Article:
Thursday, November 12, 2015

World Deflation is here. Farmers in dire straits.

I sort of even hate to say this.  I, for one, expected inflation.  Apparently, there is something I missed.  However, having said that I know for a fact some inflation has hit.  But I trust John Williams of Shadowstats. And if his charts say inflation is low, then I believe it.  And low inflation doesn't mean low inflation across the board.  Since we have a diverse economy, somethings are inflating in price while other things are deflating in price.

And so we have many signals that commodity prices almost across the board are tanking.  First, we have the DDP ETN that is an inverse fund that when it increases, it means wheat, gold and oil are decreasing (among a few other commodities that I don't remember).

Farm income fell sharply in the third quarter, according to respondents of the Tenth District Survey of Agricultural Credit Conditions. Although the Tenth District survey measure of farm income has declined for several consecutive quarters, the drop in the third quarter was especially severe. In fact, 68 percent of bankers reported lower farm incomes relative to a year ago (Chart 1). The downbeat expectations for farm income in the District were consistent with recent national forecasts. According to third-quarter revisions, the USDA expected farm income to drop 36 percent this year compared to last year.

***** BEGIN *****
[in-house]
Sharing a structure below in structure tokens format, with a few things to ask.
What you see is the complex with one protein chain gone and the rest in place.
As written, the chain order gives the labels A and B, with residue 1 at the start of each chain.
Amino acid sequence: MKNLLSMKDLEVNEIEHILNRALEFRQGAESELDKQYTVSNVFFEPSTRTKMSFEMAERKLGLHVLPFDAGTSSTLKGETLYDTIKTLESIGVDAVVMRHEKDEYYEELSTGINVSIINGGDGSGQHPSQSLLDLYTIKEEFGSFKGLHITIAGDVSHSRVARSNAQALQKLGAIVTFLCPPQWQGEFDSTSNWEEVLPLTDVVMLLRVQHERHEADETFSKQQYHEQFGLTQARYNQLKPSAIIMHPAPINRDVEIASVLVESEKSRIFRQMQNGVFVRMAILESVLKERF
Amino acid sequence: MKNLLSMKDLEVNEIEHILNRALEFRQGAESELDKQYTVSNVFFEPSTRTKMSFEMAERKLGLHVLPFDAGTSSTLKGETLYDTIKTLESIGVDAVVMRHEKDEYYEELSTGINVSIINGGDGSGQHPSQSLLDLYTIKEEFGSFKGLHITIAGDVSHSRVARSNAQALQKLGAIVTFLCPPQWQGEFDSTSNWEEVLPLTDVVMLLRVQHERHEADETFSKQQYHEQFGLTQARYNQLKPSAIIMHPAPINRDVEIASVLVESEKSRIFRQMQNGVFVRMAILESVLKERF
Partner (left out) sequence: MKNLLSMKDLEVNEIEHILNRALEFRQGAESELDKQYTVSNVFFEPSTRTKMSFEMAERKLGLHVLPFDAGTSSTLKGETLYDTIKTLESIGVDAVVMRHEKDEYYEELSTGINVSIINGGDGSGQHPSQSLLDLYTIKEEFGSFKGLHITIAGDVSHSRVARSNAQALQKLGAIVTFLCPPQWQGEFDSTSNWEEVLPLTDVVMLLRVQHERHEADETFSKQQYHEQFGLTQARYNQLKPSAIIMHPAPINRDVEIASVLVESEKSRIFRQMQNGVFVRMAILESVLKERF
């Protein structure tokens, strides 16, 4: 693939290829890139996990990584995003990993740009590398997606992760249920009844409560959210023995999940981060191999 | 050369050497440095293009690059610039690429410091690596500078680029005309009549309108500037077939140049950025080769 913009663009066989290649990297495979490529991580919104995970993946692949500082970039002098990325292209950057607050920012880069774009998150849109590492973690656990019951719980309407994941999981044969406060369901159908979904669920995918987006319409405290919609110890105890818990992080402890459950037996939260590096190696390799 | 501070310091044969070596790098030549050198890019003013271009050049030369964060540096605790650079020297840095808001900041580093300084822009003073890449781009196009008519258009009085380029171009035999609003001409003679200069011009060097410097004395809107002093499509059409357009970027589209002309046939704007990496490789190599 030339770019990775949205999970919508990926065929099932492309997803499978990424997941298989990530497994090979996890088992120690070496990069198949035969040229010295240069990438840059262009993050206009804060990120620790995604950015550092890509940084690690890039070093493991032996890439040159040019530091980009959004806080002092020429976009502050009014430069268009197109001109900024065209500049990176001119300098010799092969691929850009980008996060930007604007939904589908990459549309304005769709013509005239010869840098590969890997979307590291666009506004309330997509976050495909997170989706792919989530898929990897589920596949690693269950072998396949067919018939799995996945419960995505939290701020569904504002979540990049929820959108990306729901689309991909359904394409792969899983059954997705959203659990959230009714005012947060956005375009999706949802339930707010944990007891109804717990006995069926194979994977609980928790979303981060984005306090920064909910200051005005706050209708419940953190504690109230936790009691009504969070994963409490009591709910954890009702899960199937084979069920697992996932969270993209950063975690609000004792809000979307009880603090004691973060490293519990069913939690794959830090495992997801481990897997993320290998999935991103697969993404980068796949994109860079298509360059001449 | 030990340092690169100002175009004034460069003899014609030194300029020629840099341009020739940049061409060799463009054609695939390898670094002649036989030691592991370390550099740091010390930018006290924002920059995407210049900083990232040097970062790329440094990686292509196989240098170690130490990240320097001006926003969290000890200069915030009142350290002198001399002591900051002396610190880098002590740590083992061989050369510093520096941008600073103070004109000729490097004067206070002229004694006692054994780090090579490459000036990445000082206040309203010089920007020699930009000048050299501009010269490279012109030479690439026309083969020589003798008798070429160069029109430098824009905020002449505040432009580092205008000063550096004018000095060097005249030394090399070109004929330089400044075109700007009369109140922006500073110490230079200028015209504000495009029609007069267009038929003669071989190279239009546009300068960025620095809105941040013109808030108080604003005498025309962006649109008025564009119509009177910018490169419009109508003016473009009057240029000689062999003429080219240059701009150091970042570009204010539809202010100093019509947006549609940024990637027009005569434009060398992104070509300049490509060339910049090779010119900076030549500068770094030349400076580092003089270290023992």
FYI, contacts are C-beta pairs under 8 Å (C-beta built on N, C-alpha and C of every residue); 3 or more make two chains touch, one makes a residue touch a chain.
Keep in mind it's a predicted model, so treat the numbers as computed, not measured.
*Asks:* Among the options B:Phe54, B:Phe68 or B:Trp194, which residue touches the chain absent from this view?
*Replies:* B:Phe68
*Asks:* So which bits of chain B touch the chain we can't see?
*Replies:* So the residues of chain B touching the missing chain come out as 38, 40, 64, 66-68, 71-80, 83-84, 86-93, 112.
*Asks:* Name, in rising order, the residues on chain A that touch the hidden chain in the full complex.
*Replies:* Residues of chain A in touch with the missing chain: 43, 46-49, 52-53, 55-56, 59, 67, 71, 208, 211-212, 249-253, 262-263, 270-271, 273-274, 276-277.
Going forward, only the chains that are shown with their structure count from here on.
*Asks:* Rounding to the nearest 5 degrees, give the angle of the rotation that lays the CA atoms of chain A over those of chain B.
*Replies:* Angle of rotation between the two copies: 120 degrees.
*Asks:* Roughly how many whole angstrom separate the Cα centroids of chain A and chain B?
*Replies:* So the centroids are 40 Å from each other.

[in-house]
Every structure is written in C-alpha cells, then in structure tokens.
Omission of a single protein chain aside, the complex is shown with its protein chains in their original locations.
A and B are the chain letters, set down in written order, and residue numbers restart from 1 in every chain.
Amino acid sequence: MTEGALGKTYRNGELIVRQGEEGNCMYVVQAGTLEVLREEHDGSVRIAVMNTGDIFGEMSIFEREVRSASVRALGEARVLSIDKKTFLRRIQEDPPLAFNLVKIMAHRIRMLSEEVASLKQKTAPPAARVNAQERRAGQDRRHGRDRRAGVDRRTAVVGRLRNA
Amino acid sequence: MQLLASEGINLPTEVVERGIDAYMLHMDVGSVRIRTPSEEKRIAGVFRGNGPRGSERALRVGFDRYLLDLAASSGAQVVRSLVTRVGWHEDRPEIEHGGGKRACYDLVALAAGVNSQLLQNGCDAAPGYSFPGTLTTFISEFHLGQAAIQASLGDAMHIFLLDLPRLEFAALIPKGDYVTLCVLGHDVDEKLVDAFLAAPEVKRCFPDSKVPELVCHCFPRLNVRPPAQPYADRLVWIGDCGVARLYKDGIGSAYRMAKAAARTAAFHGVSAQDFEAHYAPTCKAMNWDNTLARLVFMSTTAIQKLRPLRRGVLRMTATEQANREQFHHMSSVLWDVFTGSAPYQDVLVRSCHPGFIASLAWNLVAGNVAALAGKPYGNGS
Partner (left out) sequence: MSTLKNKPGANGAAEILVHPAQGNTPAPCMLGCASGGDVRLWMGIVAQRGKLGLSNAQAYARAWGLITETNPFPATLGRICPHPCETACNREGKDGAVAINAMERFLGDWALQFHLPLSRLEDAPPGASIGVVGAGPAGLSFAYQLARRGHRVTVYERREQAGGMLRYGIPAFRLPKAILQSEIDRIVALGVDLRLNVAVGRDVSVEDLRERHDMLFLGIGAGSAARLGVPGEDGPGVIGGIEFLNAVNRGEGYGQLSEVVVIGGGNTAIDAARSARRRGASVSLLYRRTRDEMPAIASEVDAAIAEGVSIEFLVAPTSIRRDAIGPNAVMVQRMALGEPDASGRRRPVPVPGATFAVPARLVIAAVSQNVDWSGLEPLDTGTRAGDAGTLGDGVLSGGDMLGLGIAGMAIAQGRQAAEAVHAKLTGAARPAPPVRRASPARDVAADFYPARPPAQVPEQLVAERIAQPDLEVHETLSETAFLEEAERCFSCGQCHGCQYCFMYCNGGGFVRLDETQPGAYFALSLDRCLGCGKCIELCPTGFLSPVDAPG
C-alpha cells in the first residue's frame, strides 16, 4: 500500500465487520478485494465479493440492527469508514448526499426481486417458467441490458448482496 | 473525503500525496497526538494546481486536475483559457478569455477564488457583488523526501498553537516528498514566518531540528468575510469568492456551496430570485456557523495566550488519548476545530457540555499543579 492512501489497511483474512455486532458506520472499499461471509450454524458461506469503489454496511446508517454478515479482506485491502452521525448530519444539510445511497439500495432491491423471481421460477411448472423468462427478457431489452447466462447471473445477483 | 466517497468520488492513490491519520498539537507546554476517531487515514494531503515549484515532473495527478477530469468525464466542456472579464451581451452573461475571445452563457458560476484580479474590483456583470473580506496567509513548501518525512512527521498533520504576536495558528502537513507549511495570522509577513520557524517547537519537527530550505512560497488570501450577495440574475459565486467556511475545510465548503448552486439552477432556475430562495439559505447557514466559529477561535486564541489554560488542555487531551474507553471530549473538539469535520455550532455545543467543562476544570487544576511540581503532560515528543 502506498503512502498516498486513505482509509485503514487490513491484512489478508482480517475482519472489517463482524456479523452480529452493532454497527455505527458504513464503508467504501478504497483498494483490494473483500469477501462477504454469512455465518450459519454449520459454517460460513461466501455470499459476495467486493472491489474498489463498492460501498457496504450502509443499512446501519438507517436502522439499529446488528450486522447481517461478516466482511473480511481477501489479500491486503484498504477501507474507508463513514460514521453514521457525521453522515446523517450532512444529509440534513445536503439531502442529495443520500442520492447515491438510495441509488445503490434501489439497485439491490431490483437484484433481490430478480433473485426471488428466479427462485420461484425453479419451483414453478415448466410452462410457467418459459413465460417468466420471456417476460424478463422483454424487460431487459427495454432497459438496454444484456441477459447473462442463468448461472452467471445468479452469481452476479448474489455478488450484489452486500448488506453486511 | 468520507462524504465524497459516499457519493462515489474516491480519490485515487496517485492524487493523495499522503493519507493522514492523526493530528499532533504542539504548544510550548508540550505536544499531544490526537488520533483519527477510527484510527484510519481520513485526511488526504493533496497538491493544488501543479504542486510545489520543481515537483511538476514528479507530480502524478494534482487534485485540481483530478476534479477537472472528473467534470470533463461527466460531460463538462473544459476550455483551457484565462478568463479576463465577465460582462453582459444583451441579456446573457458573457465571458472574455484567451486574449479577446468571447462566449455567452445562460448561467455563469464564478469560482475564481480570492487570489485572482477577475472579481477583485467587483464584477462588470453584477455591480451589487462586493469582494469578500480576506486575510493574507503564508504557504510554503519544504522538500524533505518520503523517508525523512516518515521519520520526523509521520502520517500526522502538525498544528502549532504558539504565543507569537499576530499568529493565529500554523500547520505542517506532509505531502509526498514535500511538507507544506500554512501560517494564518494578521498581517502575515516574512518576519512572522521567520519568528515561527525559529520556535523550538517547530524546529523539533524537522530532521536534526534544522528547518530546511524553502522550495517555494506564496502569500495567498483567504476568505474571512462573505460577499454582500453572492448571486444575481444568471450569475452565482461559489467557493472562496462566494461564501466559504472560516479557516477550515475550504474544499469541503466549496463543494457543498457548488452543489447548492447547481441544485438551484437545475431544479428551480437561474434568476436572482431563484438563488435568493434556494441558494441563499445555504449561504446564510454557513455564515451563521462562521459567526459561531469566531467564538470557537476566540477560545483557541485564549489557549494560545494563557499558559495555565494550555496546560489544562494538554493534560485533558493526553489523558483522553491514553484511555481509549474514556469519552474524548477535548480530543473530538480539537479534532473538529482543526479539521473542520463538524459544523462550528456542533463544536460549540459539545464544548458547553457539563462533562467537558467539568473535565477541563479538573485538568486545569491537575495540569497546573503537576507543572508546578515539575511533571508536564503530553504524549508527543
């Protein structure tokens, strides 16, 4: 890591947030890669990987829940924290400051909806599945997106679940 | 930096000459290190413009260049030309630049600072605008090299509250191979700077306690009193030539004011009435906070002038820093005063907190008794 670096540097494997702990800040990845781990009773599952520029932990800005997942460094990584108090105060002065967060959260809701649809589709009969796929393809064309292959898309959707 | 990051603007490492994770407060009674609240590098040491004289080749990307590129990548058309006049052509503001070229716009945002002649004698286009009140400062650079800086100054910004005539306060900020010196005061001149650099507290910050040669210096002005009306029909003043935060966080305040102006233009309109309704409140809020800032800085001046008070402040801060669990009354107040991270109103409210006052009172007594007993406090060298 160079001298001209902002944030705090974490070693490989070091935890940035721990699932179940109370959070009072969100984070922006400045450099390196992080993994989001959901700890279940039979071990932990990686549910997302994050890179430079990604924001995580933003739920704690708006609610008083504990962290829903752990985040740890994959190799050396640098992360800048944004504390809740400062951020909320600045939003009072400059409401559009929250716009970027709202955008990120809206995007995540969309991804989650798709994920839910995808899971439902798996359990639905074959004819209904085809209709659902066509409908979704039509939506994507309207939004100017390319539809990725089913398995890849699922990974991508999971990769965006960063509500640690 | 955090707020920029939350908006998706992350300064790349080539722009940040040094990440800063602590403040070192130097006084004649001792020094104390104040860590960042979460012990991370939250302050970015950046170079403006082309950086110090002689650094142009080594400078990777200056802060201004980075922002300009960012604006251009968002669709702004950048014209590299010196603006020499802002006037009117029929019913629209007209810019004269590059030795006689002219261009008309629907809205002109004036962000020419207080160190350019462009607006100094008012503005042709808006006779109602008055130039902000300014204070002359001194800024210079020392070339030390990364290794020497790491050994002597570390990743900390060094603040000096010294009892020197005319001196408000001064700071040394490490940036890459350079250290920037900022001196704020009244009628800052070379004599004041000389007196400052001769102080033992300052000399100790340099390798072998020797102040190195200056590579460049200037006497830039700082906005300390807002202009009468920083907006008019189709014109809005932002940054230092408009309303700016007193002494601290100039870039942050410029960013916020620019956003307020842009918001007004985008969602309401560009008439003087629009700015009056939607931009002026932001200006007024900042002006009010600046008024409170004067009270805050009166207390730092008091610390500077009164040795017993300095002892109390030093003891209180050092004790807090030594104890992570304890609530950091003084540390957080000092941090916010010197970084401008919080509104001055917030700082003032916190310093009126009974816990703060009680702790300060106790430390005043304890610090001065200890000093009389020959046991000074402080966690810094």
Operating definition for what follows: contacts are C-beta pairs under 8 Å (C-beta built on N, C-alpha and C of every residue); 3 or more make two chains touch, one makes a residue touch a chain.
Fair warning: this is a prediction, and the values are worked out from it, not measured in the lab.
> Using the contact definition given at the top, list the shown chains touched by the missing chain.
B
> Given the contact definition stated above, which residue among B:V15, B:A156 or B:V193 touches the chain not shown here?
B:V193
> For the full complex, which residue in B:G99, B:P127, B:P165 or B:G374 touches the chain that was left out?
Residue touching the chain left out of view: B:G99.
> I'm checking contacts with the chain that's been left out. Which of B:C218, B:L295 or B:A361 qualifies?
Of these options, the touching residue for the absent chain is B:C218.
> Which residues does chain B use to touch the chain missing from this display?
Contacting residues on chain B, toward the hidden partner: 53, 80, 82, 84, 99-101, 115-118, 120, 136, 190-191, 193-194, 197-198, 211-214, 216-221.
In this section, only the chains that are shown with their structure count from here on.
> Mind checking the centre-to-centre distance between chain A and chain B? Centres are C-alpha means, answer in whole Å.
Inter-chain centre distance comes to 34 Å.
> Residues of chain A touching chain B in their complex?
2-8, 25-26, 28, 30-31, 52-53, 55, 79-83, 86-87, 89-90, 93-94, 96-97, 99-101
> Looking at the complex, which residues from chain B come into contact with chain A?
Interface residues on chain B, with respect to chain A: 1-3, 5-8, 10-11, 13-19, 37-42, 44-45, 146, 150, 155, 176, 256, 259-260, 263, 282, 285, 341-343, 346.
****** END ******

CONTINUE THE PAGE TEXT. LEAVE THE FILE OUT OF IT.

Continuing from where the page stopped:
Although the ebb in capital spending was similar to that of farm income, fewer bankers reported a decline in household spending. Compared to the same period last year, 65 percent of survey respondents reported lower capital spending in the third quarter. However, only 35 percent indicated household spending decreased from a year ago. Prior to 2013, household spending had tracked relatively closely with farm income and capital spending. Since 2013, however, household spending generally has been slower to come down, following multiple years of extraordinary profits. A majority of surveyed bankers expected farm incomes to continue to fall, but some also noted that further reductions in household spending may be needed to maintain adequate working capital and cash flow.

Reductions in farm income have continued to raise concerns about the liquidity of some District farm borrowers. In 2015, 81 percent of bankers reported a significant or modest deterioration in the overall level of working capital for crop producers, up from 65 percent in 2014 (Chart 2). Expectations of further slumps in District farm income have caused agricultural lenders to continue to stress the importance of maintaining adequate levels of working capital, especially for highly leveraged producers.

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